Growth and spread of native perennial herbaceous species on a green roof
The European Communication on Green Infrastructures encourages the use of wildflower verges, green walls, green roofs, etc. to mitigate the artificiality of the urban and rural environment. Green roofs are engineered ecosystems occupying underutilized urban spaces that rely on the plant cover to provide services, such as the reduction of temperature, retention of storm-water and enhancement of urban biodiversity. In this framework we explored the ability of some wild perennial species of arid and semi-arid grasslands to survive and colonize the substrate of the extensive green roofs of the Agricultural Sciences School of the University of Bologna. In mid-June 2015 young plants of Festuca ovina L., Thymus serpyllum L., Hieracium pilosella L., Acinos alpinus (L.) Moench, Sanguisorba minor Scop. and Achillea millefolium L., coming from wild local populations, were transplanted into containers (54×54×9 cm depth) forming the upper cover of a green roof. The plants were fertilized and then irrigated throughout the summer of 2015. The growth of the species (coverage and space occupation) was monitored approximately once a month, from August 2015 to May 2016. F. ovina reached the highest values of coverage, without any significant seasonal variations. T. serpyllum and H. pilosella reached moderate coverage values depending however on the seasons. A. millefolium showed very effective dispersal abilities, but poor coverage potential. It can be used as a filler species in multi-species green roofs. Our results showed that the wild local flora can be an important, though still poorly explored, reserve of biodiversity for a new generation of extensive green roofs, designed, following a careful selection of species, for the best possible performances of the services they provide.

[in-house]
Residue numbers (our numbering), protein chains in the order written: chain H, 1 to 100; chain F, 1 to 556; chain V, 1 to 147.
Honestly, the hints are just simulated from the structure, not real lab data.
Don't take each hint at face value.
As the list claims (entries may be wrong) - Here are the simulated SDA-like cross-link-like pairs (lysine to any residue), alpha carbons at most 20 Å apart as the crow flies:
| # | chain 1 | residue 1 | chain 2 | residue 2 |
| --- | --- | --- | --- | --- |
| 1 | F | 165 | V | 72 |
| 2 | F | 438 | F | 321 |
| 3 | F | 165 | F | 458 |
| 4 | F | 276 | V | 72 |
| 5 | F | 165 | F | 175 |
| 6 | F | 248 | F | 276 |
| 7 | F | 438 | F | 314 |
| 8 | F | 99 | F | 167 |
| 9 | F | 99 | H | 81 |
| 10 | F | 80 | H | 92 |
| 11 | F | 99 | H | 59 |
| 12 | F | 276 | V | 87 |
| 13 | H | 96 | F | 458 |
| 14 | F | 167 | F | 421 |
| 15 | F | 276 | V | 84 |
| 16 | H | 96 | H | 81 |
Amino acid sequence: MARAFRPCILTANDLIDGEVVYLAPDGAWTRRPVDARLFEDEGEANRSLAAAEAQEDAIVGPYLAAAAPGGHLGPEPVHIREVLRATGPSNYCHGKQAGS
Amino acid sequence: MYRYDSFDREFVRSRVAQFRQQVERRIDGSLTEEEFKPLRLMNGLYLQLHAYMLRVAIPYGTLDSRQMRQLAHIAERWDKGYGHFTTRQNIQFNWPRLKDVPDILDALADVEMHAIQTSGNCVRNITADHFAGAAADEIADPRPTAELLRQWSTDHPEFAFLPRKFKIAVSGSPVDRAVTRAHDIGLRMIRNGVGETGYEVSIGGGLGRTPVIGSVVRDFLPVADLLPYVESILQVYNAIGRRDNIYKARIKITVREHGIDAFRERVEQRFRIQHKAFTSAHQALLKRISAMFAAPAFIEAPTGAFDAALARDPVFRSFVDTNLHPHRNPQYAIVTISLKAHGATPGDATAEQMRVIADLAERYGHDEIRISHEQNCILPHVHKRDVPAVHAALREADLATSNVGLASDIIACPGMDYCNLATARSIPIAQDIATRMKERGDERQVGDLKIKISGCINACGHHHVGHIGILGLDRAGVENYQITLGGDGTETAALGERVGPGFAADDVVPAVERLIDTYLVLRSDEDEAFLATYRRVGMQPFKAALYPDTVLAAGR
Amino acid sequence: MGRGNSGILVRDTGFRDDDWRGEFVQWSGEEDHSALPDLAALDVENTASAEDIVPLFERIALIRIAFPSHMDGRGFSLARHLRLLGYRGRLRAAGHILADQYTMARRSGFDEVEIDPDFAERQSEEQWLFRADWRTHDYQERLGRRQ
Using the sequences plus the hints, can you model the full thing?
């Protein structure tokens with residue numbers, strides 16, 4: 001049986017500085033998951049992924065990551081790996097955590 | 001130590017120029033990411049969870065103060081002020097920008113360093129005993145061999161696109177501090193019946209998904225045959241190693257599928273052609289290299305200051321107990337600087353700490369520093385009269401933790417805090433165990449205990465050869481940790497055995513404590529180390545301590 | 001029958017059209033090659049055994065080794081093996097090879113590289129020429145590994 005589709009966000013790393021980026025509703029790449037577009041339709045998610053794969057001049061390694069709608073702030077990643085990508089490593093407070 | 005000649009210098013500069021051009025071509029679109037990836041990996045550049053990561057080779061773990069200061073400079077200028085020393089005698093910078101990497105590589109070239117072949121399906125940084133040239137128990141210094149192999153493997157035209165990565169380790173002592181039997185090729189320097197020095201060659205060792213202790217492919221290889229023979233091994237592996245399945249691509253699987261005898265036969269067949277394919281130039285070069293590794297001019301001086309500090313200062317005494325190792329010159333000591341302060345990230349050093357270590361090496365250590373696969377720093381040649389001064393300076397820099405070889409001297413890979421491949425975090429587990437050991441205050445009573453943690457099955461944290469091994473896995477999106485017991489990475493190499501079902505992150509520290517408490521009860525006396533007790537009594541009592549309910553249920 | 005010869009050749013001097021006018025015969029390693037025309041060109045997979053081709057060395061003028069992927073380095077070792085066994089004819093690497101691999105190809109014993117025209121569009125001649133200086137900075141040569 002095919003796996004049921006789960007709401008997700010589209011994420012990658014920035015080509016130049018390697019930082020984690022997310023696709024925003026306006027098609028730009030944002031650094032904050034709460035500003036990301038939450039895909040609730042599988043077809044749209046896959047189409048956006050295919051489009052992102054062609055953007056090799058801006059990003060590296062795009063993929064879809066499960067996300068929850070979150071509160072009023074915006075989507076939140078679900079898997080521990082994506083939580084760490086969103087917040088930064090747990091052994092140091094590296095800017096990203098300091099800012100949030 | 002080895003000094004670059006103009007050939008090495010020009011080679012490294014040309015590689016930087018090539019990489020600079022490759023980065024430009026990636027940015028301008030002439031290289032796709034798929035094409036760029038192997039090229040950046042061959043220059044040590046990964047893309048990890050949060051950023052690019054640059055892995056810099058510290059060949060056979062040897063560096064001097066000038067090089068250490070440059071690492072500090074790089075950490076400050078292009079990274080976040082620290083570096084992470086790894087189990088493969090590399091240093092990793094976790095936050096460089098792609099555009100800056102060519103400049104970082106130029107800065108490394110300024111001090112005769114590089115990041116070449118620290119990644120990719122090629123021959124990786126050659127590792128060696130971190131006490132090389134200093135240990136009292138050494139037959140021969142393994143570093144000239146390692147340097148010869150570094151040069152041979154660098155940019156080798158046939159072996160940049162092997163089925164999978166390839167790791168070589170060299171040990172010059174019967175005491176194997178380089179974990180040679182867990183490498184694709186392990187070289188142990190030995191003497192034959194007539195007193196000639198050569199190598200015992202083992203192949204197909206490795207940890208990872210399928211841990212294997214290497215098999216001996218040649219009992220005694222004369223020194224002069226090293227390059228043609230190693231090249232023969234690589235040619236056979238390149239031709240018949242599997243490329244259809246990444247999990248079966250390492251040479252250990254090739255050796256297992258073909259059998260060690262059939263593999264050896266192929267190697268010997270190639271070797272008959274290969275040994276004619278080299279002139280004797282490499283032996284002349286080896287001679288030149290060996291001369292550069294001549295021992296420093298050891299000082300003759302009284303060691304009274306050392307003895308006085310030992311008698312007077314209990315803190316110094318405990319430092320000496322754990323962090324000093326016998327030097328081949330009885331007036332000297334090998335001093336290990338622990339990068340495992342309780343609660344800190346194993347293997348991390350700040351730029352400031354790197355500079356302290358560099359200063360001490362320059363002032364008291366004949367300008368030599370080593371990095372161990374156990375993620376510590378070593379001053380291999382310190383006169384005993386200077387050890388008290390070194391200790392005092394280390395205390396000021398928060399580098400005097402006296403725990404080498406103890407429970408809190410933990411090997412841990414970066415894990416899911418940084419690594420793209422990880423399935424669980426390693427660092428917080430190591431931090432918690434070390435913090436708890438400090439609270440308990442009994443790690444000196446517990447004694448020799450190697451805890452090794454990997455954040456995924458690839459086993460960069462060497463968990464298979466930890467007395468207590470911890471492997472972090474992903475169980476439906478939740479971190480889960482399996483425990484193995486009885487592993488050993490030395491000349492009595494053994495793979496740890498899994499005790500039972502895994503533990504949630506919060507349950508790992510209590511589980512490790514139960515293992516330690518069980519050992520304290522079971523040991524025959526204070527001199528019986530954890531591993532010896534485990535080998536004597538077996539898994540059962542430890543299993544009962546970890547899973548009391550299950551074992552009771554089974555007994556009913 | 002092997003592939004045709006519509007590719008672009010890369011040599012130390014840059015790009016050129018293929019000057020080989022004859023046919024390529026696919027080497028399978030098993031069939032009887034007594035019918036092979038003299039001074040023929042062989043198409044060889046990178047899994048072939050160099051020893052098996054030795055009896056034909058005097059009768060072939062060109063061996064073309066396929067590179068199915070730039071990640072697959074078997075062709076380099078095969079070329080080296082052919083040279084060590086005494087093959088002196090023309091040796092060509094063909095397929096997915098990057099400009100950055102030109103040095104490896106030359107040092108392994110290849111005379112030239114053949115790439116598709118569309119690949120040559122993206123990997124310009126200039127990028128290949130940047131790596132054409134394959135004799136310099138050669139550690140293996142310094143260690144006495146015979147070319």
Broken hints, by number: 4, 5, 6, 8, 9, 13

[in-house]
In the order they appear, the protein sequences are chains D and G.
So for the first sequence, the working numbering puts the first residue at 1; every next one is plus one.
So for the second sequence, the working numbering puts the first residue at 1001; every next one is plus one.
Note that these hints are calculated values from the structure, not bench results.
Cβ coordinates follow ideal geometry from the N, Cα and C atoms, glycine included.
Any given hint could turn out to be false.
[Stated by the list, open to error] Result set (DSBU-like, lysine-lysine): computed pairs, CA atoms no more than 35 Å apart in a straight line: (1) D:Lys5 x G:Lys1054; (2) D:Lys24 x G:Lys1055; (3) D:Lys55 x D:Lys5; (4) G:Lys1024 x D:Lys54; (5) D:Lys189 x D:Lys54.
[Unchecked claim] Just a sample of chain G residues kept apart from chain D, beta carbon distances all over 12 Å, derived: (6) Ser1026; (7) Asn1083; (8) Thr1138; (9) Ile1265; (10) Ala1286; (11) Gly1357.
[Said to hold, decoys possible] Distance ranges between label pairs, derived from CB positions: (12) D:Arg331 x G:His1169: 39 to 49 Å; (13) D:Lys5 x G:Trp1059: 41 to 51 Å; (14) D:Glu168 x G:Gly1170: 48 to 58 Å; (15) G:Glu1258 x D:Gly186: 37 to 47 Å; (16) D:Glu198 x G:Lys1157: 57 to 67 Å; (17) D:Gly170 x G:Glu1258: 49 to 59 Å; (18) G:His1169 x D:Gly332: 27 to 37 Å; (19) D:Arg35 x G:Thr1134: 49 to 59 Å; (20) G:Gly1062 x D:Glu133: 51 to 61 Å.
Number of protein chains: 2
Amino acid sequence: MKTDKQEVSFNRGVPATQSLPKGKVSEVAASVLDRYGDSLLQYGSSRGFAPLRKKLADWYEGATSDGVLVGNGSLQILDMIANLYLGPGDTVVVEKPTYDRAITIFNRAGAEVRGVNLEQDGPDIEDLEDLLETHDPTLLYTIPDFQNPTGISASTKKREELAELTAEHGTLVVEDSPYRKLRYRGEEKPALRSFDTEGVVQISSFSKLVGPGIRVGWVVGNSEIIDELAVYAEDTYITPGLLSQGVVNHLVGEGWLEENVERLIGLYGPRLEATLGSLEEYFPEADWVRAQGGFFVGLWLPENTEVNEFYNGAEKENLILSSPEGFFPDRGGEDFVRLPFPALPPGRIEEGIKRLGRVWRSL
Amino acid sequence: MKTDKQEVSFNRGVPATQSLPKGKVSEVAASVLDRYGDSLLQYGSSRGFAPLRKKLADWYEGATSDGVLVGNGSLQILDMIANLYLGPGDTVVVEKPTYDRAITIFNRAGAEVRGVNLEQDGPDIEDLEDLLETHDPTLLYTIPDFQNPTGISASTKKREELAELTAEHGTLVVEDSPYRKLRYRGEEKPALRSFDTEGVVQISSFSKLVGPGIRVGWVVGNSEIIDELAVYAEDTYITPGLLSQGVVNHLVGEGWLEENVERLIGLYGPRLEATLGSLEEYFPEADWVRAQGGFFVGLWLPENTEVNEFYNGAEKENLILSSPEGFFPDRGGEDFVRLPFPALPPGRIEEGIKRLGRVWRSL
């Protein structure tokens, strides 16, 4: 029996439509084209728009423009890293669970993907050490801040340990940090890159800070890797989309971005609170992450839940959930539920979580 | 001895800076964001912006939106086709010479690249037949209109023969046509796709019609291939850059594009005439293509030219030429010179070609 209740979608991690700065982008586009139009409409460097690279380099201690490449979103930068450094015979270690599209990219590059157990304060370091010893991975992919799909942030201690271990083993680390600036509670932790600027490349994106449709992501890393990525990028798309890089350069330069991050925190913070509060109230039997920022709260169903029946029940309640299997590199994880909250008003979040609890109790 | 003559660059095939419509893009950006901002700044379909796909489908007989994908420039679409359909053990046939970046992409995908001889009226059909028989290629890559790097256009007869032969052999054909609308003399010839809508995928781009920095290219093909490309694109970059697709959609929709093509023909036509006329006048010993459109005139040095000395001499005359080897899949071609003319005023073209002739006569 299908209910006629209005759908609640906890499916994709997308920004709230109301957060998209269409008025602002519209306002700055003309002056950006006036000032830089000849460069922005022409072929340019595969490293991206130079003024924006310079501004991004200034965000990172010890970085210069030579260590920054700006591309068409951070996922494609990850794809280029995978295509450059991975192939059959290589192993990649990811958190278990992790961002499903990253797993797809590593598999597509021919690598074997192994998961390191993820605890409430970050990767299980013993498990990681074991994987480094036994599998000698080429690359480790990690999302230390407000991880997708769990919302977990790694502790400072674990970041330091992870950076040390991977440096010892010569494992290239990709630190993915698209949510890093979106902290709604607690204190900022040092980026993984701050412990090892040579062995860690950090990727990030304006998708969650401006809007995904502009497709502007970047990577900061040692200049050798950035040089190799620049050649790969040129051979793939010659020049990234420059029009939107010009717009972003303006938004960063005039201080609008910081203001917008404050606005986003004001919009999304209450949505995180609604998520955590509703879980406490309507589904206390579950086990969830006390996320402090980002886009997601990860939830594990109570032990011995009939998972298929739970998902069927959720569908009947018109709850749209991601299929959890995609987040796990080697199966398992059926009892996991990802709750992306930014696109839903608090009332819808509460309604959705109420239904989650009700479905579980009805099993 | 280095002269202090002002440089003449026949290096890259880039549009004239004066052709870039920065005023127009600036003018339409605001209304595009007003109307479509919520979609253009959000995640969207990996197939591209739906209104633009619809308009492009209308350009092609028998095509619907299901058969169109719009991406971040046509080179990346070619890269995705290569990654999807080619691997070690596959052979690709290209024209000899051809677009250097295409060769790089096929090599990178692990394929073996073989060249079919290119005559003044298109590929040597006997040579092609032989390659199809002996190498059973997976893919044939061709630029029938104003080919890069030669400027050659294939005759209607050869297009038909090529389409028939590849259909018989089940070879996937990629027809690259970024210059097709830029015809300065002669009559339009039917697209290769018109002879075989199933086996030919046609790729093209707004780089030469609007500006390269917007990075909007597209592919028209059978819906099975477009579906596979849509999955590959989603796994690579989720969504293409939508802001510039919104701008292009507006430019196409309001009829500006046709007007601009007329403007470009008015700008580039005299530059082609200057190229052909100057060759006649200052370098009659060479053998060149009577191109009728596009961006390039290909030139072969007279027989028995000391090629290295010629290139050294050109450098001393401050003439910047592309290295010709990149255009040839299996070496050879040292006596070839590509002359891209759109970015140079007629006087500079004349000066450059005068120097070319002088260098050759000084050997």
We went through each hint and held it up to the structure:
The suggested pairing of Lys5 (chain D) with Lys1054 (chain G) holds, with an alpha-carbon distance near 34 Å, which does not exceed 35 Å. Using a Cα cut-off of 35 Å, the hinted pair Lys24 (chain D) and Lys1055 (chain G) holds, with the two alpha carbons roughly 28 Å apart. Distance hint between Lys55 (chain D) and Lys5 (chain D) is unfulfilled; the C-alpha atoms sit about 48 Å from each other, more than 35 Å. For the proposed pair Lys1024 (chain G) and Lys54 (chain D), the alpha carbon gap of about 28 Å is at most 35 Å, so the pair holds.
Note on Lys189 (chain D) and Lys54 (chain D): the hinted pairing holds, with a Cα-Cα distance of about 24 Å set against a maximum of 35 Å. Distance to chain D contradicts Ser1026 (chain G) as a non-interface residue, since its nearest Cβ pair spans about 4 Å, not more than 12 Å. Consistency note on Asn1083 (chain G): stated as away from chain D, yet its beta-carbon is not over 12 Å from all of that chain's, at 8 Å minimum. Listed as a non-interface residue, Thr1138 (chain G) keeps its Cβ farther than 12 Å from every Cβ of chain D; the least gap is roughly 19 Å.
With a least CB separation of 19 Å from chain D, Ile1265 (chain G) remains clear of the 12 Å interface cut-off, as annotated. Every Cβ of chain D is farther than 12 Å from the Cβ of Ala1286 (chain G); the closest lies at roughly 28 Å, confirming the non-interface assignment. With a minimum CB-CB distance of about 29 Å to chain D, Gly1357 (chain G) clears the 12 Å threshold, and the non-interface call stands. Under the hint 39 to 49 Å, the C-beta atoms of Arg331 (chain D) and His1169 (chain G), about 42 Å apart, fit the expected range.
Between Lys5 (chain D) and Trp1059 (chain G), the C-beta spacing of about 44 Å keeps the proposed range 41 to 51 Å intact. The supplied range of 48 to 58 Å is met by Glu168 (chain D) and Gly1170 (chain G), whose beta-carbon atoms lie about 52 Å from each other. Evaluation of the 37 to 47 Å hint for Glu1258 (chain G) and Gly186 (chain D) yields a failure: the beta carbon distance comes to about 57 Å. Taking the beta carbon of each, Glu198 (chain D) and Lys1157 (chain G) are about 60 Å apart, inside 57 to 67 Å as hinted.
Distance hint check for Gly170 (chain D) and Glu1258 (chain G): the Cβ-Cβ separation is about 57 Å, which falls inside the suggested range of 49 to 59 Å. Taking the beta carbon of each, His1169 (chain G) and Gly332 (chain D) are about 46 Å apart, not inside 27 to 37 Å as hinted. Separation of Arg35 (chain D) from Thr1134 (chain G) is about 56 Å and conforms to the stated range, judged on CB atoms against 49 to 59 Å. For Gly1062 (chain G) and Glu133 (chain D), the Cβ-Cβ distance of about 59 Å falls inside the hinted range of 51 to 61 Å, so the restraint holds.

D¿Arco, M., Ferroni, L., Velli, A. and Speranza, M. (2018). Growth and spread of native perennial herbaceous species on a green roof. Acta Hortic. 1215, 237-246
green infrastructures (GI), extensive green roofs (EGR), wild species, urban biodiversity, ecosystem services